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Wales: retreat centre counts its blessings

Rob James talks to Roy Godwin about the extraordinary story of his retreat centre in Wales, and his new book on blessing ...

Rob James talks to Roy Godwin about the extraordinary story of his retreat centre in Wales, and his new book on blessing ...

Alasdair MacIntyre tells the imaginary tale of the day a stranger approached him at a bus stop and said: “The name of the common wild duck is Histrionicus Histrionicus Histrionicus.”

He says that if we want to make sense of stories like this we need to appreciate their wider context. The stranger could have been deranged – or he might have been a member of MI5 passing on information to his handler. As MacIntyre rightly says, particular events can only be fully understood when we know the bigger story.

Roy Godwin clearly understands his place in God’s story. Executive Director of Ffald-y-Brenin Trust, a Missional House of Prayer and Christian Retreat Centre in West Wales, he is also the co-author of two very challenging books – The Grace Outpouring (2008) and the recently released The Way of Blessing.

Roy and his wife Daphne were not excited at the thought of settling in Ffald-y-Brenin at first. Indeed Roy readily admits that they were “reluctant recruits” who felt that their desire to be evangelists would be stifled in “a remote corner of Pembrokeshire where almost everyone who visited was already a Christian”.

But God knew what He was doing, and Roy was given the assurance that God would send people to them.

And He has – with the most staggering results. Conversions, healings, and large numbers of visitors from all around the world are now part of their daily experience. And blessing has become part of their daily routine too, flowing as it does from their conviction that Ffald-y-Brenin should be a “colony” of heaven.

“The idea of colonies of heaven, a term used by a Celtic saint, inspired Ian Bradley to name a book after it, and it began to change my understanding of basic principles of developing Christian community,” Roy explains.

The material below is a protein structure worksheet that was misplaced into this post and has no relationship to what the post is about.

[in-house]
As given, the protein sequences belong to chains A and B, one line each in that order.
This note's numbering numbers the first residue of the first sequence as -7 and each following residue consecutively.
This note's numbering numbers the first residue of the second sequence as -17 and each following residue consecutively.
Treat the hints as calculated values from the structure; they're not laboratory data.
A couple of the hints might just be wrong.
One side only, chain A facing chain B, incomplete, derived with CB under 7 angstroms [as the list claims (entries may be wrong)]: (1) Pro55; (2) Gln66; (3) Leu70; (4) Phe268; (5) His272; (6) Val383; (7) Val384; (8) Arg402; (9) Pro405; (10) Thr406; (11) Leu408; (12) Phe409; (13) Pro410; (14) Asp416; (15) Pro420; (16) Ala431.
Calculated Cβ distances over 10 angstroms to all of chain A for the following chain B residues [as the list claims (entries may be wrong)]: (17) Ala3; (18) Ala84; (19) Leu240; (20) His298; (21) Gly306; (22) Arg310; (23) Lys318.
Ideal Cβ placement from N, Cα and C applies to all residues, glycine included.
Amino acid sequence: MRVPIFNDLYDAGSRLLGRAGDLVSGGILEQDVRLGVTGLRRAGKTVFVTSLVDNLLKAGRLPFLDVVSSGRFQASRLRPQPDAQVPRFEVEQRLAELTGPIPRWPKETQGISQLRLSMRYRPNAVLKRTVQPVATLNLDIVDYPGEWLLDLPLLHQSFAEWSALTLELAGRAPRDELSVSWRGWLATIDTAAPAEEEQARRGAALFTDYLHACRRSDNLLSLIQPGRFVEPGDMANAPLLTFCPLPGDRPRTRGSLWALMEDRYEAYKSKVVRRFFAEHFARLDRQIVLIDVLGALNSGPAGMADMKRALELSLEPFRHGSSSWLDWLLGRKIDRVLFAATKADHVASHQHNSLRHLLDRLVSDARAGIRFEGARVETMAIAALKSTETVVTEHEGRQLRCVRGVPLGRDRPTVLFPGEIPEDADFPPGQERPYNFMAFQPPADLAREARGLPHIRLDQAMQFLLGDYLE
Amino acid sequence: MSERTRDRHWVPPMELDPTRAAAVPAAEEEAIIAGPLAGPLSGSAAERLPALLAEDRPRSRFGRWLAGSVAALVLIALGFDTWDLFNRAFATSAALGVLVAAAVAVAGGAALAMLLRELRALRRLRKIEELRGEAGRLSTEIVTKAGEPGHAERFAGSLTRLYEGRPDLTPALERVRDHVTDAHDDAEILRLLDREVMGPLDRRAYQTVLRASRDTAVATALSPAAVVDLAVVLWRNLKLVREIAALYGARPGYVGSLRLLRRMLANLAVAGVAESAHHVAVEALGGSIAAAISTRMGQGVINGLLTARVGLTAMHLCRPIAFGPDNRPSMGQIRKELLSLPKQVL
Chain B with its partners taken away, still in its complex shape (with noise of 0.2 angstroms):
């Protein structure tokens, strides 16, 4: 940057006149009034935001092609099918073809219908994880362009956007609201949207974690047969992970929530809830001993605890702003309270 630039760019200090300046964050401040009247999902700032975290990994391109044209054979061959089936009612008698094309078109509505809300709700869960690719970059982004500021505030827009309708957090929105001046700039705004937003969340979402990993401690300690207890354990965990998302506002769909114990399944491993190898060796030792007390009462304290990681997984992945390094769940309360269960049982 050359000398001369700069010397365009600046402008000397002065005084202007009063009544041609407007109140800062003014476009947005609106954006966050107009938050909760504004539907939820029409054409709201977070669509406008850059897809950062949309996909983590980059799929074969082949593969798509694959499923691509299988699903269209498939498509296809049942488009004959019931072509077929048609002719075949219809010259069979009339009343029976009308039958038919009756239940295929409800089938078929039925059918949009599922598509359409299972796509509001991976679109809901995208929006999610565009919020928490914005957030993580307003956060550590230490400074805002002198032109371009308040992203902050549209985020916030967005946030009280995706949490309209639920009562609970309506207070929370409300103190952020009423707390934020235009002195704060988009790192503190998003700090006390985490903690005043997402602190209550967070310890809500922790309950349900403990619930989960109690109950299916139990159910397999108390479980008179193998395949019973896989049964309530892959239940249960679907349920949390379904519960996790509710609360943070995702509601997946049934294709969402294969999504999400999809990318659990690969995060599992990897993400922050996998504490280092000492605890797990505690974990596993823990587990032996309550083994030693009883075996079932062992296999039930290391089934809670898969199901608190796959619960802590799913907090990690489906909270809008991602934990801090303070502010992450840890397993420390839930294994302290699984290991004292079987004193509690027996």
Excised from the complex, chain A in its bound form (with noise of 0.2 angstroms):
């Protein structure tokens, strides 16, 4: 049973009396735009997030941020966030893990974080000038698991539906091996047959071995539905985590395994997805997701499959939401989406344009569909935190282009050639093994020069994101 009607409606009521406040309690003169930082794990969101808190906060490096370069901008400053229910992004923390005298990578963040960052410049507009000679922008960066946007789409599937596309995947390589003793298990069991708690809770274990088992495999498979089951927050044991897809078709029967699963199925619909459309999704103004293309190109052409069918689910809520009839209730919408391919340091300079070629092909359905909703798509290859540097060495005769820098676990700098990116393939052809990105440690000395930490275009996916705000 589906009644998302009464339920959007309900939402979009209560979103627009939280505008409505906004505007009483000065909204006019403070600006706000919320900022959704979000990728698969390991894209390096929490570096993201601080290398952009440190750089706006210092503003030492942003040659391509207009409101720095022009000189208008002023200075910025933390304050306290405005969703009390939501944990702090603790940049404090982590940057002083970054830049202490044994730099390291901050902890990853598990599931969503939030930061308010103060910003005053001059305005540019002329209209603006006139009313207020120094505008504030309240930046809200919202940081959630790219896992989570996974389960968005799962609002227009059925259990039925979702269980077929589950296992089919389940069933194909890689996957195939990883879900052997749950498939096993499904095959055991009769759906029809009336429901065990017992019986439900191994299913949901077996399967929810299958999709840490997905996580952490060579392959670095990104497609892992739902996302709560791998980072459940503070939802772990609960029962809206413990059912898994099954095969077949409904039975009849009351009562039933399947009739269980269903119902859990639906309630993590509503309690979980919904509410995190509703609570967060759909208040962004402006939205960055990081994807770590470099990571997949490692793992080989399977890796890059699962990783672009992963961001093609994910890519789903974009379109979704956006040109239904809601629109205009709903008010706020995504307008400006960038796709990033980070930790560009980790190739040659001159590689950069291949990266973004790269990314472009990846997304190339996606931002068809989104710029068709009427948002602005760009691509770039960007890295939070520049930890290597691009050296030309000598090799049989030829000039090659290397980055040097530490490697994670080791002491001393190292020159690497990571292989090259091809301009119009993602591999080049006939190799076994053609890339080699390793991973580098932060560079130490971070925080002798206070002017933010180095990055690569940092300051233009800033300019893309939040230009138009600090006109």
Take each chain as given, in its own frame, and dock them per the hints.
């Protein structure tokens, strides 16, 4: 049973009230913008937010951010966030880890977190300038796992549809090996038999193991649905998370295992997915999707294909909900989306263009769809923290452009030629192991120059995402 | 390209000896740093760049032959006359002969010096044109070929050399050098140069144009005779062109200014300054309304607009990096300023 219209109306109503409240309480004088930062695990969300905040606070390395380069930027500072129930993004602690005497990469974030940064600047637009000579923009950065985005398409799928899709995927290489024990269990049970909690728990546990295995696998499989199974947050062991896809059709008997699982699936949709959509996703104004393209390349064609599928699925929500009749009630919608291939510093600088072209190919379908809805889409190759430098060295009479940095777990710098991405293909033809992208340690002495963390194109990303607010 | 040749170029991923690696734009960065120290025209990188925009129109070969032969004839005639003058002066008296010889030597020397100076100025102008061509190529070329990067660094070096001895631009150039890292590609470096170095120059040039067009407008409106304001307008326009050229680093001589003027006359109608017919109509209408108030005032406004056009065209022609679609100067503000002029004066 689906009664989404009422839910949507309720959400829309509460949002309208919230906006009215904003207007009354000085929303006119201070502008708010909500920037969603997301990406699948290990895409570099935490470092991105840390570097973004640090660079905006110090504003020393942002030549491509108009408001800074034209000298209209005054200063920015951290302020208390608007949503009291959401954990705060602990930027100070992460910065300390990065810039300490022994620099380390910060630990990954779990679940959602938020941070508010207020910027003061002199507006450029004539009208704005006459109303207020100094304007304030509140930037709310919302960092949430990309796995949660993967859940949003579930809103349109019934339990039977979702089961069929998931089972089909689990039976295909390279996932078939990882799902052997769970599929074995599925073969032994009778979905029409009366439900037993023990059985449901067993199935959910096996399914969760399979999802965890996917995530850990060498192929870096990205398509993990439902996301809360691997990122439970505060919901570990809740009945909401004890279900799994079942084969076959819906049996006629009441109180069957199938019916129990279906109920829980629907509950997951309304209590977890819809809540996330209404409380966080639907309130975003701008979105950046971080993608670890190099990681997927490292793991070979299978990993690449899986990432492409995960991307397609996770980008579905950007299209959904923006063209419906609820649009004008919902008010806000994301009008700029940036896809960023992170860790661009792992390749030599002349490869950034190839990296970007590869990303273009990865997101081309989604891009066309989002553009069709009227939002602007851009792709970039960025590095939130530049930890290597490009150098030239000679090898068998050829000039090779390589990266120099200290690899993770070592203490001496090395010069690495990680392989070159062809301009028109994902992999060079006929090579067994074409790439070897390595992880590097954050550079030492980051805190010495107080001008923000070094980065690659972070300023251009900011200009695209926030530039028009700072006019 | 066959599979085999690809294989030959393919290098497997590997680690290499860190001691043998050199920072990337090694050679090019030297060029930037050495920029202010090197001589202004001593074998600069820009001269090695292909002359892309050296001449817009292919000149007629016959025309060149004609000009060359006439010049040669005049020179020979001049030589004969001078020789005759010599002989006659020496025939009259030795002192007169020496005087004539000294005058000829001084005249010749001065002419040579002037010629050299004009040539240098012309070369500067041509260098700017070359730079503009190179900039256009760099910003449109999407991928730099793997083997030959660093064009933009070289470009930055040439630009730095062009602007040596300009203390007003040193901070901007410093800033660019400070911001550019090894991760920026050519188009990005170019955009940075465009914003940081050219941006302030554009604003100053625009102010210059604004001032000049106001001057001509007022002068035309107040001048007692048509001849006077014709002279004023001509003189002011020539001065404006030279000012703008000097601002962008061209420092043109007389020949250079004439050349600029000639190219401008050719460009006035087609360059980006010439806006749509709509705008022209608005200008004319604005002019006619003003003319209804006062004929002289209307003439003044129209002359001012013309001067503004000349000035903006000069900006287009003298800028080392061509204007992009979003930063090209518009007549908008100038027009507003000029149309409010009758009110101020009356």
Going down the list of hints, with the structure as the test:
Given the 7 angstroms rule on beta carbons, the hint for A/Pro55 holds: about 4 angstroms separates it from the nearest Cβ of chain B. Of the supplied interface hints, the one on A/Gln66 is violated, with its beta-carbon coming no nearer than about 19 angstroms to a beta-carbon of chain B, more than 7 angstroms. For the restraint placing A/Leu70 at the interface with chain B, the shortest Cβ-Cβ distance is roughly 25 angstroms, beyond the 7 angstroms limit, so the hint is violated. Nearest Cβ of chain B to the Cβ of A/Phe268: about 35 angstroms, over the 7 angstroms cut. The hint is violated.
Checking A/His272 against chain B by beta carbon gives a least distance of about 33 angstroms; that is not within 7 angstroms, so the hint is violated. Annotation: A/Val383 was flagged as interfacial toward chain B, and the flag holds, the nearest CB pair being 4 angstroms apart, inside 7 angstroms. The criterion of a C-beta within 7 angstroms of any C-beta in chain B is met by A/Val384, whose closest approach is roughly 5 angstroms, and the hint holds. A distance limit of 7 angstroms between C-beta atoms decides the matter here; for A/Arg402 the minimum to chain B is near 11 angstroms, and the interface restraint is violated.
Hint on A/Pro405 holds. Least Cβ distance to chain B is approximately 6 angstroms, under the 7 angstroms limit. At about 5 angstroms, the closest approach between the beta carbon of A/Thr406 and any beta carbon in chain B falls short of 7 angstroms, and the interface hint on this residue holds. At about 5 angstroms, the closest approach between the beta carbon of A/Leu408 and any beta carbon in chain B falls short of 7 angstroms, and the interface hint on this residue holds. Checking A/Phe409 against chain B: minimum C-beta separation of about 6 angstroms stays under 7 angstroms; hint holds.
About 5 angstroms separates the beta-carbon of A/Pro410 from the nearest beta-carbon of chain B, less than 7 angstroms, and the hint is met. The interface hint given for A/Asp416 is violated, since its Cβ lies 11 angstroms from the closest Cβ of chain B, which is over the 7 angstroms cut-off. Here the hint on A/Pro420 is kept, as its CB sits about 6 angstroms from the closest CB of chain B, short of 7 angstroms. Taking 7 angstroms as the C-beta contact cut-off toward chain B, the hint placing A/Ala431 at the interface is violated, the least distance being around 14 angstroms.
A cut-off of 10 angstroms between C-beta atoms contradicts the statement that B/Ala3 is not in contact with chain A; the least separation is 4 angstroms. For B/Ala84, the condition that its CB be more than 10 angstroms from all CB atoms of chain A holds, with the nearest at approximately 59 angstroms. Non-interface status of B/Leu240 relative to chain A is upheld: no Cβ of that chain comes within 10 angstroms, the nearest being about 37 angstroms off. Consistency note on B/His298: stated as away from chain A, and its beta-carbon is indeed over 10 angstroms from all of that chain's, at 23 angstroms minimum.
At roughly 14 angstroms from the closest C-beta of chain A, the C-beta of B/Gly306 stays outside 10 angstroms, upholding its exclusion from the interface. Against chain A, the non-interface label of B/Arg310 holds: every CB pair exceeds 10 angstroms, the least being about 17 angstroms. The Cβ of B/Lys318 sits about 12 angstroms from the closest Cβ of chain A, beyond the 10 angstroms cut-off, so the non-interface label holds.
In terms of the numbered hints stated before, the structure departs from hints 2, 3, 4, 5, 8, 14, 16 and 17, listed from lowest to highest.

“The attributes include: an understanding that all are welcome; of prayer being at the heart; a simplicity of life; a welcoming hospitality; a healing place; a place where people are quick to forgive; an admonition not to take offence; a place where mercy always triumphs over judgment and leaders who don’t climb up the ladder but dig down deeper, so they might be a servant of all.

“These communities were mission-shaped in the context of a saving God and a kingdom to come which was breaking in on earth already. They were what I longed to see. Little did I realise how effective a mission was about to break out in a torrent to the nations from our little centre.”

The Celts also understood the importance of blessing people says Roy. Indeed blessing others is, for Roy, a key Christian ministry, and as a result of this emphasis he claims God has done the most amazing things among them, often very unexpectedly and frequently through the most unexpected people. People like Kelly, for example, who suddenly regained her sight after eight or nine years of total blindness.

Now there will be those that will be sceptical of Roy’s claims but he is very happy to discuss the constant stream of miracles that they claim to have witnessed in Ffald-y-Brenin. “We sometimes have medical evidence,” he says, “And we never repeat a story second hand”.

He continues: “One of the interesting criticisms made by Christians about us is the lack of hype. They say we are so quiet and that Ffald-y-Brenin is so quiet. People often come looking for all the noise and the excitement, and they find that’s it’s quiet, calm and steady and we seek to keep it like that.”

In fact Roy would go further.

“What impacts me most personally,” he says, “is when people have an unexpected encounter with God face to face during their time here that completely transforms their understanding of who God is and what he is like. And that in turn completely transforms their appreciation of who they are, because they see God and see themselves in a completely renewed way.”

Ffald-y-Brenin may be off the beaten track but it’s clearly having a worldwide impact, not least in Africa, Alaska, Europe, South East Asia and Australasia. But Roy is eager to stress that 'The way of blessing' is not so much a technique as an expression of what it means to belong to the Kingdom of God.

As he says “God releases the Spirit to work afresh and anew in our lives, through our actions and in the places we inhabit so that we might be carriers of the presence of God. We then proclaim the blessings of His presence.”    

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